Learning to Cook in Thailand & Cashew Chicken Recipe!

27 May 2014

I've been in love with the flavors of Thai food from the moment I tasted it. There's so much complexity, but yet it's simple, good food. It's affordable recipes made for working people. Large part of my travel to Thailand would of course be the food. I wanted to stop at every single street vendor and everything I saw. I was so excited to be able to take a cooking class and learn more about what goes into my favorite exotic flavored dishes.

I choose Thai Farm Cooking school in part from Melyssa's recommendation and also because I loved the idea of not only learning the act of cooking, but getting a better understanding of the ingredients by visiting a local market and a small family farm. At the market, we learned to identify different types of rice and how to find the essentials of Thai cooking - sweet, sour, spicy, and salty.

After the market, we piled into the truck with our ingredients and drove out to a beautiful rural farm outside of Chiang Mai. Our instructor, Liam, was amazingly knowledgeable and so full of energy that she made the day so incredibly fun. She took us through the farm and showed us all the different plants and let us smell and taste the freshest ingredients. It got me really inspired and excited for my garden this year! She talked about age old companion planting to keep bugs at bay and make the flavors better and it was really inspirational for my own little garden at home!

Learning the difference between different types of basil
Sampling fresh tumeric from the garden

I was lucky to have an amazing class full of people that were just so sweet and so fun. We bonded at the market by eating bugs together, shared our food and travel stories, and it was like a wonderful little family with these 8 other strangers I had just met! That is one of the great, unexpected things about travel.

Ingredients for yellow curry ready to be diced and crushed to a paste

Just hanging out in my farm attire and making some curry paste!
The final result of my hammering away with the mortar and pedstal!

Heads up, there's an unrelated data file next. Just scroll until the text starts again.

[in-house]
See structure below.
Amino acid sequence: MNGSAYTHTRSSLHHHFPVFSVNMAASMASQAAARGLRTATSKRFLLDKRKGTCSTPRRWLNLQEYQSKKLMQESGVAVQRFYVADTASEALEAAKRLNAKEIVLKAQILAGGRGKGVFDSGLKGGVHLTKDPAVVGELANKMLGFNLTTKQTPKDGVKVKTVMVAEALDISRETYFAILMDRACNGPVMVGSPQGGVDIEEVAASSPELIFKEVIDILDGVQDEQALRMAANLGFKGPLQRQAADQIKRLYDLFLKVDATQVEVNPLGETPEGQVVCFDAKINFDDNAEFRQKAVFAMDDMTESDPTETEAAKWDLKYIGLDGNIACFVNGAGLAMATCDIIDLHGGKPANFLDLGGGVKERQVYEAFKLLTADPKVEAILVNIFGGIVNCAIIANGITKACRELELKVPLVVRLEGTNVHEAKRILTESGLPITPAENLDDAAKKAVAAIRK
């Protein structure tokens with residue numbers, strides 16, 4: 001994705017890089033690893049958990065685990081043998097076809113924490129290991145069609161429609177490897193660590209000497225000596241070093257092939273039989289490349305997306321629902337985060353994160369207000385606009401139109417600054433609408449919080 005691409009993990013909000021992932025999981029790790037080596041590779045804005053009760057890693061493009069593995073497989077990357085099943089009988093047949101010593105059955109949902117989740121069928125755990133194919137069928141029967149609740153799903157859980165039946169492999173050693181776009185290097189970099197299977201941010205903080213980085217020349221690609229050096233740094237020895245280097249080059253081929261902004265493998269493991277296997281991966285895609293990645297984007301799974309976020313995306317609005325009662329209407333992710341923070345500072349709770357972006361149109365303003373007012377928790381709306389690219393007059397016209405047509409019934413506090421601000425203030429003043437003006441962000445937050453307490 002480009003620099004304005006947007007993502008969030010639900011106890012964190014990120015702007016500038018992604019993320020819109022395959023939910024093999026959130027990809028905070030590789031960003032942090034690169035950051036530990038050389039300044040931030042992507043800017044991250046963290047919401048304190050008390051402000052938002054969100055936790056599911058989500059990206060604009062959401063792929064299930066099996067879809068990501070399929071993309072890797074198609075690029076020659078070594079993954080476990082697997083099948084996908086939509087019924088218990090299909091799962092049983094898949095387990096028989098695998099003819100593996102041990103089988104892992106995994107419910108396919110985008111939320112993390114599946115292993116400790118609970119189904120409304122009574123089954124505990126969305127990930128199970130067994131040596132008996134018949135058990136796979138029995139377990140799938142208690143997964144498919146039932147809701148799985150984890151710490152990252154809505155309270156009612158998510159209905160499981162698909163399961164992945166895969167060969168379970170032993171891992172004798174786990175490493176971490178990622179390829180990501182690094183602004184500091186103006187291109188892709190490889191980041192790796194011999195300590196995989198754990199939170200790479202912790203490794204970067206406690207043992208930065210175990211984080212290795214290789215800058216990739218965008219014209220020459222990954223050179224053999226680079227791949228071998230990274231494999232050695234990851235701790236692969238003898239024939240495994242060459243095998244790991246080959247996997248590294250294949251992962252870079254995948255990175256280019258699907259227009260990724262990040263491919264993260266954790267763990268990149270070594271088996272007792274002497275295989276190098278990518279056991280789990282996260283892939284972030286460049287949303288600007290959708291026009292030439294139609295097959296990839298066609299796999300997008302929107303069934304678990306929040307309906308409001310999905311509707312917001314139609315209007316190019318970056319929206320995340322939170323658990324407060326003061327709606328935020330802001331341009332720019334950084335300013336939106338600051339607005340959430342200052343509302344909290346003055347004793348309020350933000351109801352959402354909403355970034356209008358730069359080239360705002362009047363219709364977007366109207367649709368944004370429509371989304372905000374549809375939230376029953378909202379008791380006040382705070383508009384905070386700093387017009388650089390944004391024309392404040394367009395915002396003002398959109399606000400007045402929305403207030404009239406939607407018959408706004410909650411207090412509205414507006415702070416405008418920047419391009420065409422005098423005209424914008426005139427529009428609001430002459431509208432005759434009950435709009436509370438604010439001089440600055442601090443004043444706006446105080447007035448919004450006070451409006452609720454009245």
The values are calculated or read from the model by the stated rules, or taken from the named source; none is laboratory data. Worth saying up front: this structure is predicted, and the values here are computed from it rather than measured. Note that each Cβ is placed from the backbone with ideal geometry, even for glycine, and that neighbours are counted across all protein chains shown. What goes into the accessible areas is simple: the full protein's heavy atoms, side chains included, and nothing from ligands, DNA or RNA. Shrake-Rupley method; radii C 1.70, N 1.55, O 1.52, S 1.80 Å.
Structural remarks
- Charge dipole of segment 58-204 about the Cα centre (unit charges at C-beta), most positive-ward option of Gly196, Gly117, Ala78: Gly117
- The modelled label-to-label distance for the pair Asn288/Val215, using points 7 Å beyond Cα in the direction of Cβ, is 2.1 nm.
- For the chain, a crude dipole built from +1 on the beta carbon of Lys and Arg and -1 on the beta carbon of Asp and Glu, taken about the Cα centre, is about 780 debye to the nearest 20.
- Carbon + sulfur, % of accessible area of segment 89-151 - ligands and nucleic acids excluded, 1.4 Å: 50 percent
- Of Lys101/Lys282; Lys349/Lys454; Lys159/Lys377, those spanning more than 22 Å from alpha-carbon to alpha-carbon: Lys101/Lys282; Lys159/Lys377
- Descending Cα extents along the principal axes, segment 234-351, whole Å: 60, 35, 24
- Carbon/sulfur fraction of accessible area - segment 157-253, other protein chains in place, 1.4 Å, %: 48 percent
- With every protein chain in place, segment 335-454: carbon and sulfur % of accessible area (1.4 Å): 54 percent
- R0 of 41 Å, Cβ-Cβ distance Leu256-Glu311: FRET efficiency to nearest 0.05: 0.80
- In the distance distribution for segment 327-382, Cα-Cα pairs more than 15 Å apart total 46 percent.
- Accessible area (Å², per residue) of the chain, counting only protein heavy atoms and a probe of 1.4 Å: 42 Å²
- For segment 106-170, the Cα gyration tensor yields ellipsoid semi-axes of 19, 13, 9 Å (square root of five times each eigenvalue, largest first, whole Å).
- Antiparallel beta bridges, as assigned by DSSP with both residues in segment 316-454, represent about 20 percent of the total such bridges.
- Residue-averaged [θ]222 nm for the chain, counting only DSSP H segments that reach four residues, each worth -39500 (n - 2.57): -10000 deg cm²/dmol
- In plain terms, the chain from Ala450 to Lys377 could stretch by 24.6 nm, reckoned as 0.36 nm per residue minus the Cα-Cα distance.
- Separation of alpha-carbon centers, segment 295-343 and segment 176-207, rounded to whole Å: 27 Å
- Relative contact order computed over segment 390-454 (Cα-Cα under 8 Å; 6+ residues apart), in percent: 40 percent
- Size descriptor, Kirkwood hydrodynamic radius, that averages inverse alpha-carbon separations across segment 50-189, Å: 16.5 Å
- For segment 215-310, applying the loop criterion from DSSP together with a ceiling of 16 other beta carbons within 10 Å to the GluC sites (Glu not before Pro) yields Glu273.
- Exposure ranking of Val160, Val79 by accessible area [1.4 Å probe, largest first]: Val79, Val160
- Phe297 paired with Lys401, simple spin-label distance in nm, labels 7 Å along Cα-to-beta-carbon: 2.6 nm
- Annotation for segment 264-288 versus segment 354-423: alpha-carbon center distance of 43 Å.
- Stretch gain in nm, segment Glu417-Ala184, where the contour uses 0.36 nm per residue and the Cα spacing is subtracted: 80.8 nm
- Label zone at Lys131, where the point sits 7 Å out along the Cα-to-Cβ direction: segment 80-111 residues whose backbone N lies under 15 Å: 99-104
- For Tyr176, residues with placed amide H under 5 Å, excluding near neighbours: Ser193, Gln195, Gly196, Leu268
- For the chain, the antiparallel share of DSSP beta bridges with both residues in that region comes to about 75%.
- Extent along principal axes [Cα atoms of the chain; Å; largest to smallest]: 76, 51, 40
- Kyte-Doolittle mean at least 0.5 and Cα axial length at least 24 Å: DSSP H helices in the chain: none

And the yummy finished product of yellow coconut curry!
The farm was a gorgeous place to explore and relax during our breaks.  There was lots of eating during the class and we were all super full at the end of the day!

During the class, we each choose 5 dishes to make. I made a yellow curry, Tom yum soup, pad thai, cashew chicken, and mango sticky rice. the curry was ground the old fashioned way with fresh ingredients and a mortar and pedestal.  I loved that we were given options and even through I didn't make the other dishes that were an option, I got to learn a little about them by watching by classmates and we all shared our creations, so it was a pretty fantastic Thai feast!

At the end of class, we got a cookbook with all the recipes. I'm so excited to try these things out at home!

And in case you are interested in giving it a try, here's an amazing and simple cashew chicken recipe from the Thai Farm Cooking School website!  It's super fun to make and comes together in a jiffy!

Chicken with Cashew Nuts (Gai Phad Met Mamuang Him Mapaan)
Makes about 1-2 servings

1/4 pound of sliced chicken or tofu
1/4 cup of roasted cashew nuts
1/4 cup of sliced carrots
1/4 cup of sliced onions
2 sliced roasted and dried chillis, without seeds
1/4 cup of chopped spring onions
1/4 cup of mushrooms
2 tbsp. of soybean oil
a pinch of salt
1 tsp. of fish sauce
1/2 tsp. of sugar
1 tbsp. of oyster sauce
2 tbsp. of water

Heat the oil in the wok. Fry the chicken until golden brown. Add carrots, onions, mushrooms and water. Stir fry until almost cooked. Add oyster sauce, fish sauce, sugar, salt and spring onions. Stir fry again until mixed well. When done, turn off the heat and add cashew nuts and roasted chilli. Serve with rice.

What is your favorite Thai dish? Have you even taken a cooking class in a foreign country?  I definitely hope I can make cooking classes part of my travel experiences as much as I can!

10 Plants Perfect for Containers!

13 May 2014

Spring is in the air and that means it is time for planting and planning gardens!  Spreadsheets are being made and seeds are being sown as I plan out this year's garden.  I'm lucky to have a garden plot in my yard, but I also really love doing container gardening on my deck.  I've actually found that I sometimes prefer container gardening because I love that it allows me to have a little more control of the plants I'm growing.  Also, since I live in a rental and live on a budget, I feel a little happier to make investments in things that I could bring with me if I move rather than working hard to make soil improvements on a plot I may not own in a few years.  Whatever the reason, container gardens are really fantastic because they are fun, productive, and great for any budget or space!